Friday, October 22, 2021

How Do You Live? by Genzaburō Yoshino

(Thank you to the publisher and NetGalley for providing me with a copy of this book!)

about book:

First published in 1937, Genzaburo Yoshino’s enchanting novel HOW  DO  YOU  LIVE? is (Publication Date: October 26, 2021; $17.95) finally available in English for the first time. Award-winning filmmaker Hayao Miyazaki (Spirited Away,  Howl’s Moving Castle) has long referred to this coming-of-age classic beloved by millions of Japanese readers as not only a major influence on his work but also his favorite childhood book, and he has recently announced plans to base his final film on it. Brilliantly translated by Bruno Navasky and with a foreword by fantasy master Neil Gaiman, who wrote the English-language adaptation of Miyazaki’s Princess Mononoke, this new edition will introduce legions of new readers to Yoshino’s timeless tale. 


HOW  DO  YOU  LIVE? begins with fifteen-year-old Copper, who has recently suffered the loss of his father, gazing out over his hometown of Tokyo, watching the thousands of people below, and beginning to ponder life’s big questions. How many people are in the world? What do their lives look like? Are humans really made of molecules? The book moves between Copper’s story and his uncle’s journal entries, in which he gives advice and helps Copper learn pivotal truths about the way the world works. Over the course of a year in his life, Copper, like his namesake Copernicus, embarks on a journey of philosophical enlightenment, and uses his discoveries about the heavens, earth and human nature to determine the best way to live. Yoshino perfectly captures the beauty and strangeness of pre-war Japan – the changing of the seasons, the fried tofu and taiyaki stands, and the lush landscapes, as Copper explores the city on his bike and learns from friends and family what really matters most in life. “It’s funny and sad in a particularly Japanese way. As I read more of the book, I discovered that it contains lessons on everything: art, science, language, history, politics and philosophy,” translator Bruno Navasky writes. “It also contains a quiet but powerful message on the value of thinking for oneself and standing up for others during troubled times.”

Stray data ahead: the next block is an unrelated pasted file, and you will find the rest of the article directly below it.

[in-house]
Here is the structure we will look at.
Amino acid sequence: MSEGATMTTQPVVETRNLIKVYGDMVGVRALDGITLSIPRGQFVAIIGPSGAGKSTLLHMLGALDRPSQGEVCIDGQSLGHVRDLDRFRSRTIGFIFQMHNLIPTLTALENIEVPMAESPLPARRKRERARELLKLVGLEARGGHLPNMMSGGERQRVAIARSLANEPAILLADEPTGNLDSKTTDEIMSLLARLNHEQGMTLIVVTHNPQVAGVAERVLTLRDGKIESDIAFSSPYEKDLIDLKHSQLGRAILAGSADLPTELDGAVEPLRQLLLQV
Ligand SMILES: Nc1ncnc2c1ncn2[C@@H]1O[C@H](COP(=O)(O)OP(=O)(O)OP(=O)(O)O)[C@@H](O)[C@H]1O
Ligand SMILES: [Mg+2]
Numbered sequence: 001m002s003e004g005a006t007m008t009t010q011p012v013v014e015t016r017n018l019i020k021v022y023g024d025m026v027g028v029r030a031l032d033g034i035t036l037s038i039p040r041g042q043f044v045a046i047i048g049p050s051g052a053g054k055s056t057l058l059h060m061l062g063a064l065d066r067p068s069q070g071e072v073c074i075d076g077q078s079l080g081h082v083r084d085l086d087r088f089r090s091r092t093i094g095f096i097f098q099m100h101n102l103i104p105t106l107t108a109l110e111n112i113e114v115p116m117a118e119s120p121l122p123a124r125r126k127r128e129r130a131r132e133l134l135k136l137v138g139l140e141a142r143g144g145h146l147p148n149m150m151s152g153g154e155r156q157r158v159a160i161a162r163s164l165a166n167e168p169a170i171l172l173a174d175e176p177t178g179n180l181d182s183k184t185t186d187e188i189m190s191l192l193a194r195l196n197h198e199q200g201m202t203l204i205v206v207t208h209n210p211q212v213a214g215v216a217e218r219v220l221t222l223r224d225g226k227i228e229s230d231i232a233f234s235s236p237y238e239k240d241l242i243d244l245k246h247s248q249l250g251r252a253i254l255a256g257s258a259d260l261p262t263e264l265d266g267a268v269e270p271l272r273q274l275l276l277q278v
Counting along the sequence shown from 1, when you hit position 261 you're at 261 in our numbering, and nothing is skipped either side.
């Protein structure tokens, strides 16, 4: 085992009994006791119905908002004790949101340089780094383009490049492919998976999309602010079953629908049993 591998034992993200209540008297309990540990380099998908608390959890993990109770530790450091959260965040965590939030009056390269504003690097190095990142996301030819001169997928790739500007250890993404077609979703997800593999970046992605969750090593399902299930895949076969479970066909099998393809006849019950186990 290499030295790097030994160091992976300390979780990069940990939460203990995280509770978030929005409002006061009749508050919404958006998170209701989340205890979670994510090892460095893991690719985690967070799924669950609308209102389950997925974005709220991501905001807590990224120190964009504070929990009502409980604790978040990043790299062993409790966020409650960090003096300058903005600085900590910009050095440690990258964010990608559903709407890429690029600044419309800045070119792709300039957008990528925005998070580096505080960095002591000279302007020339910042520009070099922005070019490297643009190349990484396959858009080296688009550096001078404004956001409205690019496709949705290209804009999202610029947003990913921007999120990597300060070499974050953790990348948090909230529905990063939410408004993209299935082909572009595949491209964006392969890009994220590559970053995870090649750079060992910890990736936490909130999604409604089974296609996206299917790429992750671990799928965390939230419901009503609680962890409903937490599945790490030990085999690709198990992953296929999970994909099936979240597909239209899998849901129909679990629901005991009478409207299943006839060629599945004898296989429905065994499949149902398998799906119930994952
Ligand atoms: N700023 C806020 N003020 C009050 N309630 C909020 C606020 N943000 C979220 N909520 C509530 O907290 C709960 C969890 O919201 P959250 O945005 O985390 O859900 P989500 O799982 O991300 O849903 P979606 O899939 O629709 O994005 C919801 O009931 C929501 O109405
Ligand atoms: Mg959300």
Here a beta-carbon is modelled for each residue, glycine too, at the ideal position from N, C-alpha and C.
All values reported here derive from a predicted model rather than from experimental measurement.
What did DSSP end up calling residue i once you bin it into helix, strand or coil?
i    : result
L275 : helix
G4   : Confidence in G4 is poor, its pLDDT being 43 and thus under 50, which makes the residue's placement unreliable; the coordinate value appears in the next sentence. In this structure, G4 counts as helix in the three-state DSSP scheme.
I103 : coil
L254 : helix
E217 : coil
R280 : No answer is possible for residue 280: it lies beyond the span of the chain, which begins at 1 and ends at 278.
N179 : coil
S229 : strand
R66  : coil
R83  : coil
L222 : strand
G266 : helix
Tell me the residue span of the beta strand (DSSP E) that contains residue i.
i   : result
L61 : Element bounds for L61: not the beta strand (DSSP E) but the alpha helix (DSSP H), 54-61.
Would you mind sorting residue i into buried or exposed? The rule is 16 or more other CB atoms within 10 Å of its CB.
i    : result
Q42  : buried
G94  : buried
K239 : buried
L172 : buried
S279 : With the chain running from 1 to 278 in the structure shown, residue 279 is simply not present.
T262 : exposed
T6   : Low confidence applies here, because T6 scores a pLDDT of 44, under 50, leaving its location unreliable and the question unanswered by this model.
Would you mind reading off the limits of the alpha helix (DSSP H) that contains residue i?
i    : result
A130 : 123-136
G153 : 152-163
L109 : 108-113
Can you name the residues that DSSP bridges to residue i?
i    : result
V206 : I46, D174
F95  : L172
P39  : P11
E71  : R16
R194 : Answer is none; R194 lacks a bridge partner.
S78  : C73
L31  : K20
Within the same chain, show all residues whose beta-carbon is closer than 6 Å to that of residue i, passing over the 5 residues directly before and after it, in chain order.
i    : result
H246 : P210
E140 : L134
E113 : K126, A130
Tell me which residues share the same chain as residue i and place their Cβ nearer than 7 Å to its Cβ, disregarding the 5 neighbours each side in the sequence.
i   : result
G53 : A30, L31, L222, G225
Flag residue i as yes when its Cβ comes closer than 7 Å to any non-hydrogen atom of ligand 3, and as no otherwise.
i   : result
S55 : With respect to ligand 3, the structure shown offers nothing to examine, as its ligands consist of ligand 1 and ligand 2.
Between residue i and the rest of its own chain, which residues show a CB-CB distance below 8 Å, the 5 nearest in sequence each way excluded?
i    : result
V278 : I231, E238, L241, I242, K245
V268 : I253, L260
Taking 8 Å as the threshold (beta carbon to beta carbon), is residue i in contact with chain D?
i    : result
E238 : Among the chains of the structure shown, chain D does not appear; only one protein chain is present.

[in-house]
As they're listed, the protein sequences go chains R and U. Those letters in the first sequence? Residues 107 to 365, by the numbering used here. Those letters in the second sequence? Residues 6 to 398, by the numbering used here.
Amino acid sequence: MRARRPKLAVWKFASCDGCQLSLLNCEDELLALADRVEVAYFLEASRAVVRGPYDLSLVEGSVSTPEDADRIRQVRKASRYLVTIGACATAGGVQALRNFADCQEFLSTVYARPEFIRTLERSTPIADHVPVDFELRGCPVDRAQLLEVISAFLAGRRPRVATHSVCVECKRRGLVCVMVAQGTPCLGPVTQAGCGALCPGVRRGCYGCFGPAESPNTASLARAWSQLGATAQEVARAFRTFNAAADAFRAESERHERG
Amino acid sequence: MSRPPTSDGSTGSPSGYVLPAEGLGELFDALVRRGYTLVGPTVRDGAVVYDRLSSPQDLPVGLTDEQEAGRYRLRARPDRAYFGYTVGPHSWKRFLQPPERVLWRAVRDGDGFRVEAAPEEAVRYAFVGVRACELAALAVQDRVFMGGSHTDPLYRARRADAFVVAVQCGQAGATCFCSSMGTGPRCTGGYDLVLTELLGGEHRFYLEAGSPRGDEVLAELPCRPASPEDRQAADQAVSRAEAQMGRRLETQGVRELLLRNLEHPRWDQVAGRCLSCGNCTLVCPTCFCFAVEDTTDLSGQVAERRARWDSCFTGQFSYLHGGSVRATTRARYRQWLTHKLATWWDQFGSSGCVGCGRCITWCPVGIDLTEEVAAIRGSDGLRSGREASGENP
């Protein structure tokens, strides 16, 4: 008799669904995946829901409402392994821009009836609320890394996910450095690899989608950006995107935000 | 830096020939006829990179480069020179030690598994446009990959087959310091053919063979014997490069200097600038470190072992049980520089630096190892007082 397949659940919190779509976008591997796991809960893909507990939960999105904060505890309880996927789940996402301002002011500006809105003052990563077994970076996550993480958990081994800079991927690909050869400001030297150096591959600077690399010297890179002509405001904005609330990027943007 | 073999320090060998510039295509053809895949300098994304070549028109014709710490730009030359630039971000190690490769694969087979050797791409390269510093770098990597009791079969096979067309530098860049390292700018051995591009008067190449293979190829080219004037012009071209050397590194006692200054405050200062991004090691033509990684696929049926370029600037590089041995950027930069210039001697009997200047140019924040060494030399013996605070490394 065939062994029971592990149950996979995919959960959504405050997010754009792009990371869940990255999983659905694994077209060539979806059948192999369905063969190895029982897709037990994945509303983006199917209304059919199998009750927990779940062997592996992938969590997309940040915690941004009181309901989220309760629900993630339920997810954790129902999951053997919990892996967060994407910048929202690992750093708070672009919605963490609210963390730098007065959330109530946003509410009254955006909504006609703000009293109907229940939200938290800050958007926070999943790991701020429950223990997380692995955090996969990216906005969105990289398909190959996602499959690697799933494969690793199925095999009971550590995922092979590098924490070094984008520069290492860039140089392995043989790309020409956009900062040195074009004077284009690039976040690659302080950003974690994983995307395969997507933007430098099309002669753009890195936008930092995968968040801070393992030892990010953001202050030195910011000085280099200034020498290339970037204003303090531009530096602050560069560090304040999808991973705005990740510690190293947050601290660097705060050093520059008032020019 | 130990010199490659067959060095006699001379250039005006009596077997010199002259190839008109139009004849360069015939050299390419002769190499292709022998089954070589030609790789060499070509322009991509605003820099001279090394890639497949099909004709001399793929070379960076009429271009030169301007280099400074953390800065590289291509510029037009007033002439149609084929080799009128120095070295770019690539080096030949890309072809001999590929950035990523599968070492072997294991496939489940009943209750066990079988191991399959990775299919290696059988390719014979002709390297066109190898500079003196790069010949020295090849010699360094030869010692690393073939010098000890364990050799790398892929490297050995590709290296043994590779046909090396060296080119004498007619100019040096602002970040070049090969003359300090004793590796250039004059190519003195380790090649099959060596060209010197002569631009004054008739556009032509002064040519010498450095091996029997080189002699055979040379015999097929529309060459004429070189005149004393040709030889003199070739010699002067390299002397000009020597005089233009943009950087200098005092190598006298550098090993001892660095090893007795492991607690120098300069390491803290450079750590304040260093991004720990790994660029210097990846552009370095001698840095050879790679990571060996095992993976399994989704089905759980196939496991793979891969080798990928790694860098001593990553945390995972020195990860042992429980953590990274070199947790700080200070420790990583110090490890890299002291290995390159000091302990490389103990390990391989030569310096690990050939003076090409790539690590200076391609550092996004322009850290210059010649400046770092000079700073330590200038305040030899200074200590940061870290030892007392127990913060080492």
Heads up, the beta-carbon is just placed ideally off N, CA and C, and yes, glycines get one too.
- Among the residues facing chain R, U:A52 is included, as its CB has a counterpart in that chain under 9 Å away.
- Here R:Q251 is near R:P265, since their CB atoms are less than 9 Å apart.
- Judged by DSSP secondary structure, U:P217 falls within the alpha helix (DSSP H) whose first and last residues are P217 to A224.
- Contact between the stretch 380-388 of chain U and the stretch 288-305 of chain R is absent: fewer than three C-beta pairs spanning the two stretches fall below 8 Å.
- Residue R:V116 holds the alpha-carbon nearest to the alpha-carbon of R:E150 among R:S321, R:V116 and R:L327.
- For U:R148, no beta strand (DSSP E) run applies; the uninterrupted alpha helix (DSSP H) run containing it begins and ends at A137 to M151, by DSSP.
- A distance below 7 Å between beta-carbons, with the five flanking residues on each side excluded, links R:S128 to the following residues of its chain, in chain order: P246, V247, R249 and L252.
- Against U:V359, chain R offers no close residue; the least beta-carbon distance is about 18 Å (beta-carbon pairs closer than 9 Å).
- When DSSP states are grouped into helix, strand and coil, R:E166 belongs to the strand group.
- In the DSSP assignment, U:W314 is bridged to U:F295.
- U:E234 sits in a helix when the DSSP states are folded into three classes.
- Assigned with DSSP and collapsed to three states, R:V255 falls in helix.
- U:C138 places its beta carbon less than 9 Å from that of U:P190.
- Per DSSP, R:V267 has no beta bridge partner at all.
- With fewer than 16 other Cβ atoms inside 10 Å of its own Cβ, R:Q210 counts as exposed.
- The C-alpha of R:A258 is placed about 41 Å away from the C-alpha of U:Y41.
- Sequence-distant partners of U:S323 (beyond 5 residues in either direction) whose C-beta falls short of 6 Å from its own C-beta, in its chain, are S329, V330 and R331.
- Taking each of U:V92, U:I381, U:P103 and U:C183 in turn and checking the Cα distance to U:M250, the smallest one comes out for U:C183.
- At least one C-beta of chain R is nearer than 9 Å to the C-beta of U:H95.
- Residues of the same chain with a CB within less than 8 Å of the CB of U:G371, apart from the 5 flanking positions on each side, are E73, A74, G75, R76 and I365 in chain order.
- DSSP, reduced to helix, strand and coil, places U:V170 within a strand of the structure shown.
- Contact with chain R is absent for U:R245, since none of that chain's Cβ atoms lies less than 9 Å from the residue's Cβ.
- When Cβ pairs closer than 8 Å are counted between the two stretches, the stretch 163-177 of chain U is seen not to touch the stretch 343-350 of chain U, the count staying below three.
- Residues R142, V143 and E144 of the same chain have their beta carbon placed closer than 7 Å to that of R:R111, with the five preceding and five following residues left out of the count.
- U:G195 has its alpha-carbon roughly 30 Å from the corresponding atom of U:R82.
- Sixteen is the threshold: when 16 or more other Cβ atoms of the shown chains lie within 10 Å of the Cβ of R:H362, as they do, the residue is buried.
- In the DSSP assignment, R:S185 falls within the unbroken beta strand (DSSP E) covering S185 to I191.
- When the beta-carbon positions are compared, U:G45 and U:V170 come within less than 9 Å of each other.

“Books like this are important,” writes Neil Gaiman in the book’s foreword. “I’m so glad Mr. Miyazaki is making his film because it means that eighty-four years after it was written, Yoshino’s novel can be read in English, in Bruno Navasky’s gentle and winning translation, and that I got to read it.” Perfect for fans of The Little Prince and the Alchemist, as well as Miyazaki fans eager to understand some of his most important influences, HOW  DO  YOU  LIVE? is a whimsical and wise novel that will forever change the way readers think about their place in the world.

my thoughts:

Wow. What a beautiful story. I am absolutely enamored with How Do You Live? by Genzaburō Yoshino. It is the epitome of Japanese literature. Considered to be a classic within children's literature, this book is amazing. It's emotional, wise, entertaining, whimsical, and just brilliant. It has you questioning everything - art, politics, language, science. And, it inspires you to use your voice to speak up for others. Plus, it motivates you to contemplate your place in the world. This book makes for an excellent read. I loved it! 

Copper is fifteen years old and he's recently lost his father. He's dealing with the grief of such a monumental loss and soon finds himself questioning everything. With his uncle's journals and his best friends, Copper begins to explore the questions bombarding him and discover the life he wishes to live. Its fascinating reading about his life in pre-war Japan, his friendships, and his uncle's take on things. You can't help but enjoy this philosophical journey that Copper takes. How Do You Live? is a thought-provoking and heart-wrenching read that you won't forget.

I would happily recommend How Do You Live? to anyone and everyone looking for their next great read - you will LOVE this book to bits! Check it out!

Thank you to the publisher and NetGalley for providing me with a copy of this book!

1 comment:

Lark said...

I'm putting this one on my list of classics that I want to read next year!